Fig. 1
figure 1

Flow chart of modern social media gambling advertising techniques

Paid-for Social Media Gambling Ads

Similar to paid-for offline gambling ads, paid-for online advertising is usually used to create brand awareness or to highlight financial incentives or appealing odds designed to encourage immediate gambling [28••]. These tend to have a very strong link to sports [29]. Social media seems to exacerbate some of the negative effects of the incentives in these ads. The financial incentives are snappier (thus quickly appealing) but also complex (thus hard for young people to truly understand). Younger children find it hard to understand the concept of odds as this requires a grasp of probability which is not usually introduced into the school curriculum below the age of 12. Children instead see the presentation of odds in sports betting as factual information like the outcome of a match [30•]. They certainly do not see it as advertising an opportunity that may or not come about. This might help explain why such adverts are more appealing to children and young persons than to adults [14••]. Adults who understand that you can win or lose are more sceptical. These issues are amplified by short word limits in social media (e.g. Twitter 280 characters per post) which mean that explanations are curtailed and thus lack the clarity needed for children to have a chance of understanding. Some enticements to open a gambling account were found to include over seven different pieces of eligibility information (e.g. “Deposit £10 — play with £50. Min deposit £10. Max sports bonus £20. 5 × wagering, min odds (4/5). £20 casino bonus added. 40 × wagering to release casino bonus, new consumers only”), making it unlikely that users — particularly younger users — will process the messaging, before opening an account [11••].

A second problem derives from the close relationship between sports and gambling. Many social media ads are time sensitive, relating to a game currently played, or a special offer with limited time validity. This increases pressure to act fast [11••]. The ongoing development of the brain until the age of around 25 years means that children and young people experience more intense urges, but still lack the ability to resist which results in more emotionally driven and impulsive behaviour [31]. This is highly problematic. Repeated exposure to time-sensitive gambling offers are more likely to result in action — such as opening an account or placing a bet.

Third, there are concerns over social responsibility messages in social media gambling ads such as age restriction warnings, or harm reduction messages [11••, 32]. Although such messages have been criticised widely as being ineffective in reducing gambling [33, 34], from an advertising processing point of view, it could be argued that, without these messages, it would be even harder to recognise the dangerous nature of gambling ads and it is likely that gambling will continue to be normalised as a fun and harmless activity. Indeed, 75% of children in an Australian study perceive sports betting as a normal part of sport [35]. The lack of social responsibility messages on gambling ads is especially concerning for young people who are still developing media and advertising literacy, and struggle to recognise persuasive attempts [36].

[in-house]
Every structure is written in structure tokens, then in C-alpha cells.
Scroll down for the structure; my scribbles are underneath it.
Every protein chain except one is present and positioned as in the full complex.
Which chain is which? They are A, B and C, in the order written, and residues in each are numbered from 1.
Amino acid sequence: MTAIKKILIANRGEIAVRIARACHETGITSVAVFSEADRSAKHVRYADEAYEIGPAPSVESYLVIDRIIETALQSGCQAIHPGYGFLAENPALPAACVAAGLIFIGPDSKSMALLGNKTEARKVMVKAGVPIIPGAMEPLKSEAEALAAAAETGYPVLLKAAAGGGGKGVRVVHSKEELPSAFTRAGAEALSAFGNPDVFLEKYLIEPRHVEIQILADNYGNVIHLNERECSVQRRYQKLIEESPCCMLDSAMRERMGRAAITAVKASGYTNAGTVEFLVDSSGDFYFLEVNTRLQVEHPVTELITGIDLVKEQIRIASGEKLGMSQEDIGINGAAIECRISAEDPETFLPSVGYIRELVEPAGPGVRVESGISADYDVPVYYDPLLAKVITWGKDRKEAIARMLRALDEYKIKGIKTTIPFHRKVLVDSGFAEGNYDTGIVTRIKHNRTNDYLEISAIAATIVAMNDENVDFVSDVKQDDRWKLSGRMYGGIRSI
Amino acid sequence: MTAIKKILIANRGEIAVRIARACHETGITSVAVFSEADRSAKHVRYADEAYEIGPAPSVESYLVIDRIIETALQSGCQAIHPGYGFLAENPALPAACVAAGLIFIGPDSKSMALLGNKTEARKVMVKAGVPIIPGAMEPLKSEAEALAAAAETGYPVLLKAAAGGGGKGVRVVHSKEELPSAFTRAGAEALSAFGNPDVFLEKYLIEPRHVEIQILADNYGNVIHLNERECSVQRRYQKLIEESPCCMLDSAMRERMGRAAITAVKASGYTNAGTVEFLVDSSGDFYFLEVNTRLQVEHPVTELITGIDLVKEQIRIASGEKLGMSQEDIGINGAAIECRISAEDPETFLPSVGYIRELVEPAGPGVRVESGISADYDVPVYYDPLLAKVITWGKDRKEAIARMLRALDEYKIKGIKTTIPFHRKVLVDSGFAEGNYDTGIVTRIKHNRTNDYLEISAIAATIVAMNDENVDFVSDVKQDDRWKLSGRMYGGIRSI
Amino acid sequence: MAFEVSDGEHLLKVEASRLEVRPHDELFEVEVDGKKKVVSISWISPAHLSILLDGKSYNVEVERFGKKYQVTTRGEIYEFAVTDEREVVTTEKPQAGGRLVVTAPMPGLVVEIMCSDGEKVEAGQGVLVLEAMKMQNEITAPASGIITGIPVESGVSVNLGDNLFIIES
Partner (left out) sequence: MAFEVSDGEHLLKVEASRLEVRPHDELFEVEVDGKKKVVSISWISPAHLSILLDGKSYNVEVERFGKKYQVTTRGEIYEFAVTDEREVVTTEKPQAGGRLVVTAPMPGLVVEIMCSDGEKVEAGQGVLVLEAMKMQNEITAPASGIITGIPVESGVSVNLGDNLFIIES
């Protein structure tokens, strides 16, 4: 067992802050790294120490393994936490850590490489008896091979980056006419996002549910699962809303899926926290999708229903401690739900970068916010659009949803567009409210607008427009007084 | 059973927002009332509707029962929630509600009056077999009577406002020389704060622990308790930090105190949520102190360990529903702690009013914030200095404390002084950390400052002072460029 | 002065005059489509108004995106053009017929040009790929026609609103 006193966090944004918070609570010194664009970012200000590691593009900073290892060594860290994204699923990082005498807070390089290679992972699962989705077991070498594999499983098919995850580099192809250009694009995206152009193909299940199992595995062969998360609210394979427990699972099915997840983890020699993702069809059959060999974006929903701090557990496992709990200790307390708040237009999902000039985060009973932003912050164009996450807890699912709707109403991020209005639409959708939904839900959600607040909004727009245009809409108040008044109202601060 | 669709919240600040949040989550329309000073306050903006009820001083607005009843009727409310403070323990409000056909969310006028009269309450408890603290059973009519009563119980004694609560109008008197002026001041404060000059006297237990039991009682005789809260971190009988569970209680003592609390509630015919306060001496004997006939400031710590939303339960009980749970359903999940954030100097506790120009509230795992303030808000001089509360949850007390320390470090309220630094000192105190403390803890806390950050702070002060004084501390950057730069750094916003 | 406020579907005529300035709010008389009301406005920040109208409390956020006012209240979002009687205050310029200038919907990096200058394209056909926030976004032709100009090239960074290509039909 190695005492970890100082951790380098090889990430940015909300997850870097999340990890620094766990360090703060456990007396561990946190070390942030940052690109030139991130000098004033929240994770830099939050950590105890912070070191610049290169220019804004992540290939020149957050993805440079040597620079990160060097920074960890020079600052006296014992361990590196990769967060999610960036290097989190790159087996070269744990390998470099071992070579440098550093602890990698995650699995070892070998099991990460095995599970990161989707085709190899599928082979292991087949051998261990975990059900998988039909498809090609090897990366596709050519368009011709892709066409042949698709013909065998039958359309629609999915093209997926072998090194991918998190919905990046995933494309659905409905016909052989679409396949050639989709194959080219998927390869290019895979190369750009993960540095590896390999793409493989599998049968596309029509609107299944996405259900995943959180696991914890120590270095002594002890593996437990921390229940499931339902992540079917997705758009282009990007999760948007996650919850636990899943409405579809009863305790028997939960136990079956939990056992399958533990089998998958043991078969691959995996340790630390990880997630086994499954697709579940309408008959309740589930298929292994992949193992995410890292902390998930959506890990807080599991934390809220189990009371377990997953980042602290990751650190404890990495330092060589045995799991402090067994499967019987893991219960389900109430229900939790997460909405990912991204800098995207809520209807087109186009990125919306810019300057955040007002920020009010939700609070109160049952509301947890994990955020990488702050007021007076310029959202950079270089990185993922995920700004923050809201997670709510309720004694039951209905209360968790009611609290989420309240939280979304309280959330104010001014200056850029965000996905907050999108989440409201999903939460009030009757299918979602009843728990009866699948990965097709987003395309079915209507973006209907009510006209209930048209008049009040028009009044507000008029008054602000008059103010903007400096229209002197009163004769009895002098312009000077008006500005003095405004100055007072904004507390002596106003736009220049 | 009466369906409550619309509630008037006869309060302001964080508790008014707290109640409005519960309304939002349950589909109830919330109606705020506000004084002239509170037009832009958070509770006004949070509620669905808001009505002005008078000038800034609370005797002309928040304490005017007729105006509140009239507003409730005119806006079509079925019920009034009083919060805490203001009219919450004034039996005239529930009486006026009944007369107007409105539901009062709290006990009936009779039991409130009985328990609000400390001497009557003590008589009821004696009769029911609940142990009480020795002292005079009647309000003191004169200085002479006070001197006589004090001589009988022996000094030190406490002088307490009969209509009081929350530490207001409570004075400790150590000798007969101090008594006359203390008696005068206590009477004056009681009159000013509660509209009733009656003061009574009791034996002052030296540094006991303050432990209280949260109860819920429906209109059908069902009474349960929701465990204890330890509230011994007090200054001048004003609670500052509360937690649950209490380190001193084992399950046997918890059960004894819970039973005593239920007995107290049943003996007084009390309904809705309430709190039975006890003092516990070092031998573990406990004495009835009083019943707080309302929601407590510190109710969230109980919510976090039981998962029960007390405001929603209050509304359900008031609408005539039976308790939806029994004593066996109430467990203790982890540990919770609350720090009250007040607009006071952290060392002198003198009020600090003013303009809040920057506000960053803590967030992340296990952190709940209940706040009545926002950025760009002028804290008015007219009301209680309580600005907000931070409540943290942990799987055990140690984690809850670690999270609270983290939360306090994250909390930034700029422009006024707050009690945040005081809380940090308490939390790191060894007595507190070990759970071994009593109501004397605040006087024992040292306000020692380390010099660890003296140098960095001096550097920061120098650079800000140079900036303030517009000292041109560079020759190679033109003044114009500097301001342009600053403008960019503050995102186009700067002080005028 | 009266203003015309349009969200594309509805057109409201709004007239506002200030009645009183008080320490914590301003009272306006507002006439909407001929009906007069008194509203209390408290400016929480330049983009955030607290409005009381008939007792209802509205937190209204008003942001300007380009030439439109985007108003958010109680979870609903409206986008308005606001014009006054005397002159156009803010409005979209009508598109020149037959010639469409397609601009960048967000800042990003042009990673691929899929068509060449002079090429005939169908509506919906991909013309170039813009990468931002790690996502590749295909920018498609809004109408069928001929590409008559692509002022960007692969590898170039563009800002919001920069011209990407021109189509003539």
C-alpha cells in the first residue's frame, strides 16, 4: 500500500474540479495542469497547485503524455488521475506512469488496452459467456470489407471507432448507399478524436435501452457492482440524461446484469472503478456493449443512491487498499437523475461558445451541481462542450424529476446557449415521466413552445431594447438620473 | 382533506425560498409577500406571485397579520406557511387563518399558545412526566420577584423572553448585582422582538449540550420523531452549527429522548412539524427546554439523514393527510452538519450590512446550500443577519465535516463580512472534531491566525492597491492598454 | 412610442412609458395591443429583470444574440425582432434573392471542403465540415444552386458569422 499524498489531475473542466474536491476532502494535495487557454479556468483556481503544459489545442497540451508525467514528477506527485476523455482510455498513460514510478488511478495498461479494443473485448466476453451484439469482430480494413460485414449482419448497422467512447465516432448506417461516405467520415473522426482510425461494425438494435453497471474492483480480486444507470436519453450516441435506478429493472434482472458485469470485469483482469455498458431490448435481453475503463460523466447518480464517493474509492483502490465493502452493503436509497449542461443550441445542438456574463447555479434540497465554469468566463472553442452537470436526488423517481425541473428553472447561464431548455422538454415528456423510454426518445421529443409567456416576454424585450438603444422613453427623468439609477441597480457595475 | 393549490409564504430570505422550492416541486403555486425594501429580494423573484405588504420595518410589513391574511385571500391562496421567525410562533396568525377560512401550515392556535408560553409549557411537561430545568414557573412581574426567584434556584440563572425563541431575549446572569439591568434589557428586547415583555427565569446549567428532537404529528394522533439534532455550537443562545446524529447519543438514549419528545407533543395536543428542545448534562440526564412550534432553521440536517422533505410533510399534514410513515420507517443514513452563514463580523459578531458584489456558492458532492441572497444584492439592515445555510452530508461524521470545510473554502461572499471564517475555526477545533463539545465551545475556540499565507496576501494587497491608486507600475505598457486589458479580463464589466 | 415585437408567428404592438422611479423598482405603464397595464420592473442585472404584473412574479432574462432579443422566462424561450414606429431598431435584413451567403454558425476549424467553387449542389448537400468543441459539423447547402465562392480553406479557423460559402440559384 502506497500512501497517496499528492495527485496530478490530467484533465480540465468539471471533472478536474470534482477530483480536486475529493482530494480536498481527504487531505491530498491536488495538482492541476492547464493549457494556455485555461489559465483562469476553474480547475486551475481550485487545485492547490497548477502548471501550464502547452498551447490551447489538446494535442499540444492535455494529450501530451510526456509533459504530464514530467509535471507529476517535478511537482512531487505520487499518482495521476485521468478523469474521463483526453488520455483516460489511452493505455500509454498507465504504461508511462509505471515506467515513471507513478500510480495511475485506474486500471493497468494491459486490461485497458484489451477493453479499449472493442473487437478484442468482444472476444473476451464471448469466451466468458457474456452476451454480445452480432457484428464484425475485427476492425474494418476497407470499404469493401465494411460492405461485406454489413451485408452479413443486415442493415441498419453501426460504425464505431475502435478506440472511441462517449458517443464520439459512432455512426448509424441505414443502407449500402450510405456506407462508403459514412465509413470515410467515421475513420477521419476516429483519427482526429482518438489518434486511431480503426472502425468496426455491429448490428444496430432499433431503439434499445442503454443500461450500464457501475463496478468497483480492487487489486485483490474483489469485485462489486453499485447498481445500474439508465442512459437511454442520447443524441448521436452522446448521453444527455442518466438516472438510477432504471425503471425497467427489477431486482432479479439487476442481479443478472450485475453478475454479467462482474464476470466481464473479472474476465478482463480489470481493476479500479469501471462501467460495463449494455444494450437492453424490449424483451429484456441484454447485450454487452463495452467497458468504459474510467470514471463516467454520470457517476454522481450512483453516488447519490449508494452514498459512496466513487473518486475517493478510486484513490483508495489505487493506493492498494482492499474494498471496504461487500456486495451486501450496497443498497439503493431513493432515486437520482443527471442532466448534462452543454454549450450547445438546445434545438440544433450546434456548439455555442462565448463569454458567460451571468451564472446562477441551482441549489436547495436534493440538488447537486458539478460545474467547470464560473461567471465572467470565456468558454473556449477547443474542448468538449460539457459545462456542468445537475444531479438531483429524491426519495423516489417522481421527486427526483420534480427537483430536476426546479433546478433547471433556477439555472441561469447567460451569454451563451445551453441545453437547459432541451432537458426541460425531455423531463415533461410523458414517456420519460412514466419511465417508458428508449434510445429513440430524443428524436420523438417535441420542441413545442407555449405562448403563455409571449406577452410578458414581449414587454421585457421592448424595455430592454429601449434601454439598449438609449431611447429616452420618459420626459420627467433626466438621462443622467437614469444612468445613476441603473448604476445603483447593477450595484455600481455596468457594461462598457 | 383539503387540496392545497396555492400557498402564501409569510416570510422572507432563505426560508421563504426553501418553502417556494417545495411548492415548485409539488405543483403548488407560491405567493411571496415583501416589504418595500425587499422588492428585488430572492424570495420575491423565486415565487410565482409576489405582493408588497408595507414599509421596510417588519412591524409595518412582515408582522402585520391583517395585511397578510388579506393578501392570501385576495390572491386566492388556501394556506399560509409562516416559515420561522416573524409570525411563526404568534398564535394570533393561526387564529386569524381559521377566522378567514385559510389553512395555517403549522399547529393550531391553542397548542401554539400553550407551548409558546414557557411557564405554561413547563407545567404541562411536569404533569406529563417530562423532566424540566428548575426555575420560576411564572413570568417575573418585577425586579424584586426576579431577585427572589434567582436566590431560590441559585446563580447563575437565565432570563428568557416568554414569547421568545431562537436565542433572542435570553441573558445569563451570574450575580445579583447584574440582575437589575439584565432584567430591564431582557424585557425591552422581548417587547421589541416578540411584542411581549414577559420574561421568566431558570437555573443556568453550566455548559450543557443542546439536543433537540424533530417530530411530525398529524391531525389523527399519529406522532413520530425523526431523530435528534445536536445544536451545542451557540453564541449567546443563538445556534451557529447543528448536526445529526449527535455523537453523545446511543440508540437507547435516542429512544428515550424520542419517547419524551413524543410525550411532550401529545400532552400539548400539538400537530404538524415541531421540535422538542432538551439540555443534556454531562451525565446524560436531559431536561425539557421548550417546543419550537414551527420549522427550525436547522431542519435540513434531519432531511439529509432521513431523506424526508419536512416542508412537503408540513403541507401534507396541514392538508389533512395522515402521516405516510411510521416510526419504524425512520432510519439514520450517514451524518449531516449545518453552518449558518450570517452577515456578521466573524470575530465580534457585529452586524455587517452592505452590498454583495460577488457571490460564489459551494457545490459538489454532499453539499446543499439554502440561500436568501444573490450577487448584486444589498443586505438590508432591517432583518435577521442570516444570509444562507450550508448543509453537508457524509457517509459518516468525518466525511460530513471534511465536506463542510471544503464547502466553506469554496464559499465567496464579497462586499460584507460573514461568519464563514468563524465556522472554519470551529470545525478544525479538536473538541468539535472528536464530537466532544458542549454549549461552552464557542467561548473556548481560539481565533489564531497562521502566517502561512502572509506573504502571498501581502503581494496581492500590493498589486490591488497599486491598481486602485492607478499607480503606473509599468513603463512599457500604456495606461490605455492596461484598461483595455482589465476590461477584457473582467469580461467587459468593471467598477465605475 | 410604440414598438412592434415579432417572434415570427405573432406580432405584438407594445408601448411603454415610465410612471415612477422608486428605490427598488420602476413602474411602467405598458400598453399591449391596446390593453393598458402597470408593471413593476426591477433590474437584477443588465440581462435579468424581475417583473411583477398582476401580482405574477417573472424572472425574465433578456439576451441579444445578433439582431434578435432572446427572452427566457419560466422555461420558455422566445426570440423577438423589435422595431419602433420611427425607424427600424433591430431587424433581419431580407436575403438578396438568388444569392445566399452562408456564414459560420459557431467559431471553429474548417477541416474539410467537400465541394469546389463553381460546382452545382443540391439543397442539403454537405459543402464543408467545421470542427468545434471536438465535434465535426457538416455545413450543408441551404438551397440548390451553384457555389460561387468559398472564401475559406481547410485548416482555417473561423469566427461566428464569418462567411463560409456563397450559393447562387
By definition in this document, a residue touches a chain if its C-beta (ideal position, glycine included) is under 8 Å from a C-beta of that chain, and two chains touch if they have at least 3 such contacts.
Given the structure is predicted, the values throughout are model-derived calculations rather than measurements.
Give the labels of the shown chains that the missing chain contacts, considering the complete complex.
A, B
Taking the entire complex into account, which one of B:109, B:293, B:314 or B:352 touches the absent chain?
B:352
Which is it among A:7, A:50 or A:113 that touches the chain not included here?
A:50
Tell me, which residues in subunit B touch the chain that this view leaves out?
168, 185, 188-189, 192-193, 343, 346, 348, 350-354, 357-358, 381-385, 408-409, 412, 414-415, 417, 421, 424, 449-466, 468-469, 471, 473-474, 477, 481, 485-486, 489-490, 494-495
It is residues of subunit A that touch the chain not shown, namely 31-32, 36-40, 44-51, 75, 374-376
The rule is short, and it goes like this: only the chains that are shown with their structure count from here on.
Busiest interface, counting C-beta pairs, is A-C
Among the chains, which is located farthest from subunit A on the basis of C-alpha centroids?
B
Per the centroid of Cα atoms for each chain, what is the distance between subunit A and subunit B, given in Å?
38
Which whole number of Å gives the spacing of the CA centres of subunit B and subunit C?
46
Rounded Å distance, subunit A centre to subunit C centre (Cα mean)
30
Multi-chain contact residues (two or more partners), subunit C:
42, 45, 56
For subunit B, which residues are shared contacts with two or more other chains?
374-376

Finally, it is concerning that if users fall into a targeted segment either by actively following gambling accounts or by being in one of the targeted demographics (e.g. young, male football fans), they are highly likely to be bombarded with gambling ads — especially, of course, if they have also been flagged as having an interest in gambling or sports [12]. The repeated, targeted exposure to paid-for gambling ads on social media may well be luring young people into gambling.

Organic Social Media Gambling Ads

In contrast to paid-for ads, organic advertising reach depends on the number of followers a brand has and the number of ‘shares’ or ‘retweets’ a post achieves — metrics that have to be “earned” by way of content creativity [37]. Good content will be shared or even go viral, thus disseminating the message into completely new audience networks, making shareability a key objective of modern advertising strategies. This is why content marketing is booming. Content marketing aims to engage current and potential consumer bases with content not necessarily related to the product/brand [38]. It is about “developing stories that inform and entertain and compel customers to act — without actually telling them to” [39]. This could be posting competitions, memes, funny pictures of cats, how-to content, or fascinating infographics — anything goes as long as it makes the user feel good and gets them to share the ad [37]. Content marketing has been booming as key form of organic ads almost since the advent of social media and it is extensively used by gambling brands [10]. Examples include PaddyPower’s comparison of football players to The Simpsons characters, or their satirical video clip of the W.H.O. advising non-England fans to stay indoors after the England beat Germany in the football championship [40]. A large-scale study into the UK gambling advertising ecosystem on Twitter found that of 888,745 gambling ads over 40% were classified as content marketing [11••] — making it to a major part of gambling brands’ advertising strategy.

Effects on Children

Whilst most gambling content marketing ads are designed to make the receiver giggle, there are severe concerns over their effect on children. Although gambling content marketing uses a variety of different techniques [41] as shown in Fig. 1, they tend to have something in common: they seem very inconspicuous, innocent and harmless despite being adverts for a highly addictive product. Indeed, this may function as a bait — luring users into engaging with the account without actually knowing that it is a gambling account [14••, 40, 41]. Gambling advertisers make particularly heavy use of ‘insider sentiments’ — which is the use of an ‘in joke’ or niche expert information to enhance the feeling of belonging to a special club/group [41]. The use of this technique by esports gambling adverts is particularly worrisome given the young age of esports fans [42]. Adolescence is a crucial phase in the search for activities and attributes which form identity [43] — often via the means of consumption [44]. Gambling providers use this developmental vulnerability by designing insider sentiments so that the narratives and stories in many esports tweets are almost entirely meaningless for non-gamers or older audiences because they are closely related to youth culture [42]. Beyond this insider-driven humour, news, emojis or memes are very unlikely to trigger feelings of “be careful — this is a gambling ad”.